I found what I was afraid of - totally irrelevant ads all over the place. For years my ads have been spot on target and now 30% of them are totally wrong topic or cr*p white papers. I suspect many of these are from the new ad sources google has engaged.
I expect CTR to be up by the end of the day with a slight drop in EPC due to less competition.
I long ago blocked all direct placement ads since they tend to take over the whole site.
| 5:47 pm on Oct 5, 2009 (gmt 0)|
In response to the opening post, latest bast practice is to remove all ads from the page and put a single large rectangle just above the footer (this only works on long useful pages).
There's logic there. Initial reaction from people is "hey there aren't any ads - this might be a useful page". You've attracted their attention.
Once they've eased off their back button they might find they like your page. After a while a fair percentage might end up at the bottom.
They'll not be expecting ads down there - you have them off their guard. Ad blindness is much reduced, and you might even have got them thinking about buying something so they too can do all the wonderful things your page is about.
That's where my ads are, and surprisingly I'm making as much as this time last year when my ads were in the hot positions which I felt detracted from the site.
It wasn't a test for me but an editorial decision in the bad months of the recession (if they are paying this much they can go at the bottom).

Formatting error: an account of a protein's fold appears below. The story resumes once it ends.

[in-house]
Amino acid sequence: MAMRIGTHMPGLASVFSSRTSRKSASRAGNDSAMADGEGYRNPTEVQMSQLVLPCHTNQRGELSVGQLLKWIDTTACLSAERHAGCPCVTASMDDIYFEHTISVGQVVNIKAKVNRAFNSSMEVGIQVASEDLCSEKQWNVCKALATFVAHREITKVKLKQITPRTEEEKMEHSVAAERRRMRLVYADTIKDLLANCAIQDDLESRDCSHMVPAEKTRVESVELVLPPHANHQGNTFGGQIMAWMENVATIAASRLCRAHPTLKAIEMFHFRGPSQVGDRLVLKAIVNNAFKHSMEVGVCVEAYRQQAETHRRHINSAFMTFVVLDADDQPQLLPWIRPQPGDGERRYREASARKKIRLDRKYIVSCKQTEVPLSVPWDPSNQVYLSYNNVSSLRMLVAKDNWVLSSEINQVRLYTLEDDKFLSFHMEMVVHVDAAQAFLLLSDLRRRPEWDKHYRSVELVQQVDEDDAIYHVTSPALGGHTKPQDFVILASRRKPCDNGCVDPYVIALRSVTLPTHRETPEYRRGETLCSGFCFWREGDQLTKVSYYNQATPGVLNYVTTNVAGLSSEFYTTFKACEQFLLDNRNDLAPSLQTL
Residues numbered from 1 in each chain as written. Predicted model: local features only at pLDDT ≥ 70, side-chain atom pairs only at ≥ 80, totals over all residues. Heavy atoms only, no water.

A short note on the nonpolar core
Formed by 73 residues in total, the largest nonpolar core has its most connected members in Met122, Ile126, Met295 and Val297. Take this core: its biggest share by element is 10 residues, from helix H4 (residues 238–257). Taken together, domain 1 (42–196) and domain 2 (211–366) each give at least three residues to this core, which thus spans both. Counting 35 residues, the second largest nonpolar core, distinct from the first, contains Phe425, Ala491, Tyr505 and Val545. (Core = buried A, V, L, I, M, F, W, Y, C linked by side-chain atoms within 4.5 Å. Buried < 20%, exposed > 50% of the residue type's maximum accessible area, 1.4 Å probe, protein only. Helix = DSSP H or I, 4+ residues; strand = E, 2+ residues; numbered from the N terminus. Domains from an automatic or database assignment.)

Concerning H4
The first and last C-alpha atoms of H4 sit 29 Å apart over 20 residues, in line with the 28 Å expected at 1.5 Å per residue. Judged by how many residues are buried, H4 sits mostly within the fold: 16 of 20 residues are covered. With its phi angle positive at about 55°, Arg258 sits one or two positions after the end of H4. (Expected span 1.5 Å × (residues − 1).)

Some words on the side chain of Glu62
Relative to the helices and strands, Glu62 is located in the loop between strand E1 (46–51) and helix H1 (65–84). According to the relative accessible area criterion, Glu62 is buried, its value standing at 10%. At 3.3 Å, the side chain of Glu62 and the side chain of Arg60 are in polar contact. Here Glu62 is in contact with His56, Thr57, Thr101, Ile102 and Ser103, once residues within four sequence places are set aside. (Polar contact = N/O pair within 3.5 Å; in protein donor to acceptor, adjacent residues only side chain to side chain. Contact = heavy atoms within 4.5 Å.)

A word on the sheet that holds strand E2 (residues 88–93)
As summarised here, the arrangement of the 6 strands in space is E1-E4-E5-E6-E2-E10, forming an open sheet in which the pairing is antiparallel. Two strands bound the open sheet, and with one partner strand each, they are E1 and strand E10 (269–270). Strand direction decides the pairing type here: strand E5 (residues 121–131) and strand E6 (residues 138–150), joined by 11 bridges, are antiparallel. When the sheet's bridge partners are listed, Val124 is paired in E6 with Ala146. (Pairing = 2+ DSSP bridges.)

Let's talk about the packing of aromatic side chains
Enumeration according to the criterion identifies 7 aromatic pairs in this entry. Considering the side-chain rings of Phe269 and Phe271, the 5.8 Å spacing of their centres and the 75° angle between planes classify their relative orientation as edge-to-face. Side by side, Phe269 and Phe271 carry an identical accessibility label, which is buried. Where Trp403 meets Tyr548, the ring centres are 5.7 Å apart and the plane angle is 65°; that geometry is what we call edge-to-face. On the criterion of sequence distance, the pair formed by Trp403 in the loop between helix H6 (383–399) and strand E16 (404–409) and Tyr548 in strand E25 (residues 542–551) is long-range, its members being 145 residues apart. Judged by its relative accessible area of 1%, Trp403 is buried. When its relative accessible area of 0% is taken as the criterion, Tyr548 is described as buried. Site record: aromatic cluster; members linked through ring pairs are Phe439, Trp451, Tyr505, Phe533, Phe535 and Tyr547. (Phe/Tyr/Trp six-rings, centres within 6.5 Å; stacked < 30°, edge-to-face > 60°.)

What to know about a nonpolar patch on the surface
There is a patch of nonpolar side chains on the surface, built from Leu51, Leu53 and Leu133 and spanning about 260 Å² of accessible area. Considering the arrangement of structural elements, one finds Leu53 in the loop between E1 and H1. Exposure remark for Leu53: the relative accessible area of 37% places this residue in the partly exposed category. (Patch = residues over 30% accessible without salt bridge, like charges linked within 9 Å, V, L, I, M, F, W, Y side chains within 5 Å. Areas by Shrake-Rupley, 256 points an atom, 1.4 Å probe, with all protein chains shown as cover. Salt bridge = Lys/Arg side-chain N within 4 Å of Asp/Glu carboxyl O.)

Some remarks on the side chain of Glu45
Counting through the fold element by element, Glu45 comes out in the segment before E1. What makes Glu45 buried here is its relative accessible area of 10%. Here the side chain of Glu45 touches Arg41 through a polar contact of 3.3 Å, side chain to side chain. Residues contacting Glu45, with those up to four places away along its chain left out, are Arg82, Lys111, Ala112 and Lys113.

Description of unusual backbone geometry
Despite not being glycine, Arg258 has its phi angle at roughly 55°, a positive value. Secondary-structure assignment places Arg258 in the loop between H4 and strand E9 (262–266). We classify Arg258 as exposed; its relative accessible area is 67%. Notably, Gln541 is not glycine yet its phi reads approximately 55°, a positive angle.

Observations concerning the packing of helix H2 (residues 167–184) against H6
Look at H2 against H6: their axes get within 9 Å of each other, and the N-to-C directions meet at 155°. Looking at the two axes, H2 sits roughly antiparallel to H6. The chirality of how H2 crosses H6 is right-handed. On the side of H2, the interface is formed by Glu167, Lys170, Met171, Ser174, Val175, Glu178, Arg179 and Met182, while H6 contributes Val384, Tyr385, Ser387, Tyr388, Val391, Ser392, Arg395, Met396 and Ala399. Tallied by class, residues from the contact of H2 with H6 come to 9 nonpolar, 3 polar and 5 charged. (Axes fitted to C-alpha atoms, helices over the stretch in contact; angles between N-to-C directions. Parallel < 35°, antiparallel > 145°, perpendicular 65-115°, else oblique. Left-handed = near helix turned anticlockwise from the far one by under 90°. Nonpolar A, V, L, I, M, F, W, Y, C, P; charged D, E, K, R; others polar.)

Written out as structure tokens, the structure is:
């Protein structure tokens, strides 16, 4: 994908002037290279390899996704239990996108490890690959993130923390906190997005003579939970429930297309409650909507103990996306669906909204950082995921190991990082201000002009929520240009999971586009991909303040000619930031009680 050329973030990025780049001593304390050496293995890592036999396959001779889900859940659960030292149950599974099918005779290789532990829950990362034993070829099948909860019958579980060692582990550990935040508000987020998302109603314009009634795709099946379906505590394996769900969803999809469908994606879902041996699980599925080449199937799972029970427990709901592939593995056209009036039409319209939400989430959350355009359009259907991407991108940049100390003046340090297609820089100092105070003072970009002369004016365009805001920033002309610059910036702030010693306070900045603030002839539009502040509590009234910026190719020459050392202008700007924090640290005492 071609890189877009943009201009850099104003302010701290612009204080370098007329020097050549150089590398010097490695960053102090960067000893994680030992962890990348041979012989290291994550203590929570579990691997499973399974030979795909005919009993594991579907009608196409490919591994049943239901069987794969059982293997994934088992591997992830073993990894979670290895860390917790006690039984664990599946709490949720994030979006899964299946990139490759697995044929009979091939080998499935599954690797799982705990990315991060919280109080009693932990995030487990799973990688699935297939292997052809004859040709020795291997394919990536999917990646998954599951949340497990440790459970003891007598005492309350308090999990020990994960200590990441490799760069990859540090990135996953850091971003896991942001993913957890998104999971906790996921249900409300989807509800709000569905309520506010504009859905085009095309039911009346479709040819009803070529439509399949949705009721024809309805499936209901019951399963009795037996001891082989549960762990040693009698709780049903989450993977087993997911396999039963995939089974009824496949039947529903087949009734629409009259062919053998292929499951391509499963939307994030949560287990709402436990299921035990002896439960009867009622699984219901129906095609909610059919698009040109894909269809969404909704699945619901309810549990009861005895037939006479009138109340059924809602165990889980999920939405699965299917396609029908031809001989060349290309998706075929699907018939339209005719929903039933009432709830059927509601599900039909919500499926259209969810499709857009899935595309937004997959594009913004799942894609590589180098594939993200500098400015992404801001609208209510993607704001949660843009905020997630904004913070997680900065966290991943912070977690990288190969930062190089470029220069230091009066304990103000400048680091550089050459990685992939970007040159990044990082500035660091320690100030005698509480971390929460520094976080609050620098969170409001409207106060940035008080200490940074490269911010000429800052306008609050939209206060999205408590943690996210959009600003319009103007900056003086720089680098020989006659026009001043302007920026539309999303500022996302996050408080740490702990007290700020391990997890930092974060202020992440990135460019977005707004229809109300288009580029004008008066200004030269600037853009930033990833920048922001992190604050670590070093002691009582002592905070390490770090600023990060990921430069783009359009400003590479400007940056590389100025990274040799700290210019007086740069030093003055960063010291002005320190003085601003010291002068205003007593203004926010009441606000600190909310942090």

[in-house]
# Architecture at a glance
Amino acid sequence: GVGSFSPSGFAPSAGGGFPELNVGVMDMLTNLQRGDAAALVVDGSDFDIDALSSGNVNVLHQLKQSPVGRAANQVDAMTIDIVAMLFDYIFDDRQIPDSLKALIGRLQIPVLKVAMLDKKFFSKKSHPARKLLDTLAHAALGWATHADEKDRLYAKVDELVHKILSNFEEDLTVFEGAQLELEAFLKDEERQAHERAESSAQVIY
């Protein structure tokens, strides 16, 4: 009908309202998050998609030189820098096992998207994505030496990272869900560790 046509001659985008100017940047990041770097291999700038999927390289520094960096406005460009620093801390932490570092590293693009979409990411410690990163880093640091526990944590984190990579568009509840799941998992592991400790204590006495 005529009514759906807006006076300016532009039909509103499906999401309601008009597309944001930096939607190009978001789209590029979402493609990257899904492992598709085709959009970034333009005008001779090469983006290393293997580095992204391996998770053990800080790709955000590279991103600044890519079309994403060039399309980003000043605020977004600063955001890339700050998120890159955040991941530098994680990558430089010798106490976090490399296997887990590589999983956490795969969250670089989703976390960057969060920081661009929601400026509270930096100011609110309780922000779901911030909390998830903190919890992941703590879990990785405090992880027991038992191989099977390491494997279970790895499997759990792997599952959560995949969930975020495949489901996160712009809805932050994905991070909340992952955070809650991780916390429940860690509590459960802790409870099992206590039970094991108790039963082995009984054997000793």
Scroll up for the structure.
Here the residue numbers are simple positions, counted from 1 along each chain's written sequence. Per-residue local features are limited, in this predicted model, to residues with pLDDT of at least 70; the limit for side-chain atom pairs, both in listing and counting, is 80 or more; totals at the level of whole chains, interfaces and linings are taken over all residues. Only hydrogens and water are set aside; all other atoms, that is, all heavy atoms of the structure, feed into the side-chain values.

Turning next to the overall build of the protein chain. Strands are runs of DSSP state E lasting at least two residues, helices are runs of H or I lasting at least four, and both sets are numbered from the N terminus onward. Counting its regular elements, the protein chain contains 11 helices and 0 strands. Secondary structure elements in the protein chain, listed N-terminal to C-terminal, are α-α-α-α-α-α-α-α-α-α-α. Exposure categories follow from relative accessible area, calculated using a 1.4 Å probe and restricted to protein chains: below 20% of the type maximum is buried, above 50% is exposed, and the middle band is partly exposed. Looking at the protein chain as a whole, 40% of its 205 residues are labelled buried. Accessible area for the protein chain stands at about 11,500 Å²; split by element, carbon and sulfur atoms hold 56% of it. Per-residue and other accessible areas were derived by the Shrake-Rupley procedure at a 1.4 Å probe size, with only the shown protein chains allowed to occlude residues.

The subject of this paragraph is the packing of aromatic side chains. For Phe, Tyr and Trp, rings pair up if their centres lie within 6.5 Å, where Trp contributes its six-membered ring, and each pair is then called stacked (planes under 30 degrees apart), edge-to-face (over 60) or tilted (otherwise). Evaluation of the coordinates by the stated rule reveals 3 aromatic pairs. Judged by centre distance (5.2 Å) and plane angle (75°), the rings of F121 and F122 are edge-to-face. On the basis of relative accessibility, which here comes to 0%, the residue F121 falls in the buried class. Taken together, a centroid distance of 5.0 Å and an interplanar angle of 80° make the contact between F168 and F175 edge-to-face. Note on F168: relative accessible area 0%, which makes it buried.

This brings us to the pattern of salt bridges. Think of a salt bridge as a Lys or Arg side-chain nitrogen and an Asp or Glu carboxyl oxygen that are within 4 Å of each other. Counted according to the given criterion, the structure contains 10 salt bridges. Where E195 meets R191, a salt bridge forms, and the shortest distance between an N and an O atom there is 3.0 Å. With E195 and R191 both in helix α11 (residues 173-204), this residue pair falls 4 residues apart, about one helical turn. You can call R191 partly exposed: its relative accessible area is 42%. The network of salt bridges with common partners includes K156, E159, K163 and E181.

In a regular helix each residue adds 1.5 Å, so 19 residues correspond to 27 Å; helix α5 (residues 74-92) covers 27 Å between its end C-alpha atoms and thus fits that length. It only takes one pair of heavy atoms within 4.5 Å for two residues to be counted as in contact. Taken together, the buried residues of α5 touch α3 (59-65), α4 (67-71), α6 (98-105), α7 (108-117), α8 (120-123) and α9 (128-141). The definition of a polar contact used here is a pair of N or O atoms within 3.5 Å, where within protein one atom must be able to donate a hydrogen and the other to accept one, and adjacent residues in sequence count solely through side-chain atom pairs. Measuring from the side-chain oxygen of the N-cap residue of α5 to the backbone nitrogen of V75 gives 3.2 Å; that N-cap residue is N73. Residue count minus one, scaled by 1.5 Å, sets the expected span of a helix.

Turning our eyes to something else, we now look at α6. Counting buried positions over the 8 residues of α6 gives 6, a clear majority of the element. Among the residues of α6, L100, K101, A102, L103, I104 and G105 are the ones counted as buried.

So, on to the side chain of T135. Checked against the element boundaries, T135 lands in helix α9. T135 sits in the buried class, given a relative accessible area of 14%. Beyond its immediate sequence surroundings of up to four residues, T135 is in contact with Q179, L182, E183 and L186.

| 1:15 am on Oct 10, 2009 (gmt 0)|
I use an older design mostly text and few images on about 600 pages.. I place a 728x90 above the fold under the main menu and another 728x90 at the bottom of the content above the bottom menu and then a 336x280 somewhere in the page content..
This way I get them above the fold during reading and if they make it to the bottom there is place for them to go to.
I consistently see 9-11% CTR monthly on close to 100,000 impressions..
All ads are blended also white page matching background and no border, I use #006699 (like a slate blue) for title and black for the description and URL. This has always worked well for me as the bulk of my site uses 006699 (slate blue) and white as page bg.
I build every page from scratch and have consistently raised 00-000! each month for 2009 by doing around 10-20 pages per month.
I don't think I would EVER make my ads not match or stick out too much.. I would be afraid..lol..Then again it would be crazy to maybe double income just by making them not match at all.
As far as high paying clicks since about 3 months ago I have noticed by channel that most of my clicks the lowest single clicks are around 25-30 cents and I am averaging close to 70 cents to 1.00 for most clicks. Just today I got 2 clicks for 11.00 so it's pretty strong right now. I think I am no longer smart priced OR the advertisers in my niche are just paying more to keep their names up there...
|must learn more|
| 4:55 am on Oct 12, 2009 (gmt 0)|
Just thinking about doing this tweek.... want your inputs on it... especially "drall"
Initally, you have nice blended in ads in all the high CTR areas. Let your stats prove that your CTR is at a decent level. At this stage, earnings per click may be low.
After that, you make it painfully obvious to the users that the ads are ads. You put a border around them, write "Advertisements" on top etc. etc. CTR should drop now.
Now you know that advertisments are being seen by your users. They are actively choosing to click or not click on them.
Might this help increase the CPC?
Any suggestions on where to read up on the adwords side about all the relevant details to the users?
| 4:12 pm on Oct 12, 2009 (gmt 0)|
I think SERPS play a part in CPC. Just observations.
| 1:58 am on Oct 25, 2009 (gmt 0)|
My CTR just under 2% ... now for whole day just 1.32%
| This 35 message thread spans 2 pages: 35 (  2 ) > > |